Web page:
CRM 2013 – Javascript null setting oddity

I had an odd error where I was trying to null a lookup field in Javascript in CRM 2013 Service SP1.

When the user changed a lookup field, I wanted to blank out a few fields to make them select those fields again.  The fields being nulled were dependant on selection of the first lookup field and the options and values they could pick changed.

It’s good practise to reduce the number of choices users have by filtering out values in option sets and lookups, hiding/showing fields.  This makes the forms more cohesive, less noise for the end users.  Read more about CRM Form design in the article below

Good CRM design should not make users think

The initial code was in a function and looked like this

        if (Xrm.Page.getAttribute("field1").getValue() != null) {
            Xrm.Page.getAttribute("field1").setValue(null);
        }


        if (Xrm.Page.getAttribute("field2").getValue() != null) {
            Xrm.Page.getAttribute("field2").setValue(null);
        }
        

Oddly field1 was correctly set to null but field2 refused to be set to null.

To add to the annoyance of not setting the field to null, the not nulling triggered the OnChange event for the lookup which set other values on the previous not nullable value!!!

This made me angry

Stepping through

When bug fixing the goal is understand exactly what is happening, once you understand what is happening it might be possible to work out why or work around it.  There is a big difference between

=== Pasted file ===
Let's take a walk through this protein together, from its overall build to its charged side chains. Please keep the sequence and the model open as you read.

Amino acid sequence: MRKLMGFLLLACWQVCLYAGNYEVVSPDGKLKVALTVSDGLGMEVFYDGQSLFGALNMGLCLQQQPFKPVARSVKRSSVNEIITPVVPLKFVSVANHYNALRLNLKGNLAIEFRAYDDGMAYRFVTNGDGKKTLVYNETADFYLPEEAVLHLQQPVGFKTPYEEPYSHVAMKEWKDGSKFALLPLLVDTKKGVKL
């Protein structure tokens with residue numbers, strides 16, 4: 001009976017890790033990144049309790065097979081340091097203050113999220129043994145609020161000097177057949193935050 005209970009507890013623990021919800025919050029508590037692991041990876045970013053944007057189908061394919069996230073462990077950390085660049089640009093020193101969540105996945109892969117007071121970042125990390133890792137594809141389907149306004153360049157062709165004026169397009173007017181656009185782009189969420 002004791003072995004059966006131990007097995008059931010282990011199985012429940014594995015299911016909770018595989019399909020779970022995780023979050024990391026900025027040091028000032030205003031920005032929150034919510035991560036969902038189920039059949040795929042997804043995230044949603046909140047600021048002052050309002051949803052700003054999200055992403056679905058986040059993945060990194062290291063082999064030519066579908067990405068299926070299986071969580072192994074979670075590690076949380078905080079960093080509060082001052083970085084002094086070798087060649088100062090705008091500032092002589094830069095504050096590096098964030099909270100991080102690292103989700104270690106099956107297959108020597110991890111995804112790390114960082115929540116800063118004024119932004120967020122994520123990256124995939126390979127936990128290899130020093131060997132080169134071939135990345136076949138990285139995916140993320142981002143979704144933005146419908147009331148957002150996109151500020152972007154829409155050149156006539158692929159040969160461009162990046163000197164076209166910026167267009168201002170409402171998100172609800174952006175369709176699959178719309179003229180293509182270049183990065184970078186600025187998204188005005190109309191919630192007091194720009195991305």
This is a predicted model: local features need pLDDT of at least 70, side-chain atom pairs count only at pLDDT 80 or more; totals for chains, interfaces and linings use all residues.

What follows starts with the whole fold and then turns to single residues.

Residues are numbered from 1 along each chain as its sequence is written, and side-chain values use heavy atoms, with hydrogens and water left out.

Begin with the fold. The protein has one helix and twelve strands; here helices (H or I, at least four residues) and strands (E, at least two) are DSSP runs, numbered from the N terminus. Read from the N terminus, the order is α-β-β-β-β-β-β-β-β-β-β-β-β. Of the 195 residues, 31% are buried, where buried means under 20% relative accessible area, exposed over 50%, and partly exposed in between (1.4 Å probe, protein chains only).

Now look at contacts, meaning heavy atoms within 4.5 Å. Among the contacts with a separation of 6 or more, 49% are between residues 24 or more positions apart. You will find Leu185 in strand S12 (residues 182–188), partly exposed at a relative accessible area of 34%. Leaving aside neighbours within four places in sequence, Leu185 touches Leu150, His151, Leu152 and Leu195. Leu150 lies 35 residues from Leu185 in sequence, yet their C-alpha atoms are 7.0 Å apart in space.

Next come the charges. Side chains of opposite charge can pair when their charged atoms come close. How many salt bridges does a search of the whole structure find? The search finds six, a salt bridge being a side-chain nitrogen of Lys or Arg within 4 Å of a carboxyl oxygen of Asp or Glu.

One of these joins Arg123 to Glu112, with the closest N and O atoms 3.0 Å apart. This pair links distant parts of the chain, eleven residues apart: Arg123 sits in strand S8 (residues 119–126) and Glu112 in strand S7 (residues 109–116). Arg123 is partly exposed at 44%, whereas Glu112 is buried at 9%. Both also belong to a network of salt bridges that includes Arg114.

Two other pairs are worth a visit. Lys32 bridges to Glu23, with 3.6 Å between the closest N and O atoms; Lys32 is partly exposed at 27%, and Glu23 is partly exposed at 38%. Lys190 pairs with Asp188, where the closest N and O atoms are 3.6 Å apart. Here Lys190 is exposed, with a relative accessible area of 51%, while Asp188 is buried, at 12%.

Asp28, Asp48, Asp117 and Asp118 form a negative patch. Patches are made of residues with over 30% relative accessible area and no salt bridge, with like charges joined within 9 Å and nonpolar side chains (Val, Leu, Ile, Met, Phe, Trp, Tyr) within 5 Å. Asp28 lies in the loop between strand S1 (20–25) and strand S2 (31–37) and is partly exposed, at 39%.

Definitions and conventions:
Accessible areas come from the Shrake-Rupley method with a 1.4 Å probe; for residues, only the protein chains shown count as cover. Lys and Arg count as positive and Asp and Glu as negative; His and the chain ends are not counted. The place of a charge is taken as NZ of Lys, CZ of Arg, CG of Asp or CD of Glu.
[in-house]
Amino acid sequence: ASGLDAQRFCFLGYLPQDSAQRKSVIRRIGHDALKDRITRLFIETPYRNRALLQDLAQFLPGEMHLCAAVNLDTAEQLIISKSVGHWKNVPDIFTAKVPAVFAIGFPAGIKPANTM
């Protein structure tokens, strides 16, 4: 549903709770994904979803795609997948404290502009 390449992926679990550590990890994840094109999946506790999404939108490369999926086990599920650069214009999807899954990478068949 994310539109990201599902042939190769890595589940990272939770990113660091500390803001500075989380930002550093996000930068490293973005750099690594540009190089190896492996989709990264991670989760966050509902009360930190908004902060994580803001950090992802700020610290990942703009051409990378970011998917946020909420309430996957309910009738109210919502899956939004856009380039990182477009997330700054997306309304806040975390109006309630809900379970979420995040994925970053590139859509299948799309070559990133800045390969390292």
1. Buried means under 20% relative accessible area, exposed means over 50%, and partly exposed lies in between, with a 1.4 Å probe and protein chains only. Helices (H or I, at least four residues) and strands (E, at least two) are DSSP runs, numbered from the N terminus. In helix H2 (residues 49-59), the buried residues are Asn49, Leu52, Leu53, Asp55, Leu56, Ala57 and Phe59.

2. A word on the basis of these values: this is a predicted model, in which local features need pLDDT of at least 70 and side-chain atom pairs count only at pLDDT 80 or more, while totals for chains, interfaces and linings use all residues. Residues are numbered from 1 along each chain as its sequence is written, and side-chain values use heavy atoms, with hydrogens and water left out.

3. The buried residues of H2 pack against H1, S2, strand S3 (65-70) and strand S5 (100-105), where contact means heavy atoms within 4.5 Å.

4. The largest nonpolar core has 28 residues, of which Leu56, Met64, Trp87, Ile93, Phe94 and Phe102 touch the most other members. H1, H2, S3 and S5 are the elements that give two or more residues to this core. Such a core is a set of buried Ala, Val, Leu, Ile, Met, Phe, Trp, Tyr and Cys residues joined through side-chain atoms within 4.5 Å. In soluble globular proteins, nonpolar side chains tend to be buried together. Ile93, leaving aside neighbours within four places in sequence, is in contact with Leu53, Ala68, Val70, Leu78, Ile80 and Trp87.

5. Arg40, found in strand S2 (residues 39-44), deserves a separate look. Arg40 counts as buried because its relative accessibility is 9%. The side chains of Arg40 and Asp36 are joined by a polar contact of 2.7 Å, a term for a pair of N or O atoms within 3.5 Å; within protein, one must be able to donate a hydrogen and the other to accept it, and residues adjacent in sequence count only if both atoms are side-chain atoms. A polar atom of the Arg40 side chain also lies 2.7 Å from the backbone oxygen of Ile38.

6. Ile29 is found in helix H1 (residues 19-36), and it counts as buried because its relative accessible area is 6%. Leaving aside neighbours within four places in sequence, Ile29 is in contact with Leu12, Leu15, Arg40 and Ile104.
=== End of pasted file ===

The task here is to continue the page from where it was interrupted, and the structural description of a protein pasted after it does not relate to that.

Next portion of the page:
• Knowing what is happening
  • Your assumptions about what is happening

Assumptions are dangerous because they can easily be wrong.  When bug fixing don’t assume anything and prove everything.  I have wasted plenty of time with assumptions and investigating the wrong section of code.

I started debugging and stepped through the setting the values to null.  The handy part of debugging JavaScript is the console allows you to integrate the values.

The values on the GUI looked like fields1 and fields2 were both not being set to null.

I debugged and stepped through the code, field2 wasn’t being set to null but the OnChange event was running for field2 which was setting field1 and field2 to the values based on the previous field2 value.

One change at a time

One of the golden rules when debugging a problem is to change one thing at a time, monitor the effects of the change.  This rule is particularly inportant if the change is a configuration change which will be changed on multiple environments (DEV, TEST, PREPROD, PROD).

When changing values or code, making a solitary change will show you the effects of the one change.  If you change 5 things at once which resolves the problem, you don’t know what change has fixed the problem.  In the multiple change scenario you would either need to go back and change one variable at a time or make all the changes in all the environments.

When making changes to code/config it’s good practise to minimise the changes, which minimises the potential unknown effects of these changes and reduces bugs coming from these changes less likely.

I tried

  • removing field1 change
  • swapping the order, changing field2 before field1
  • double checking javascript
  • Asking fellow CRM developers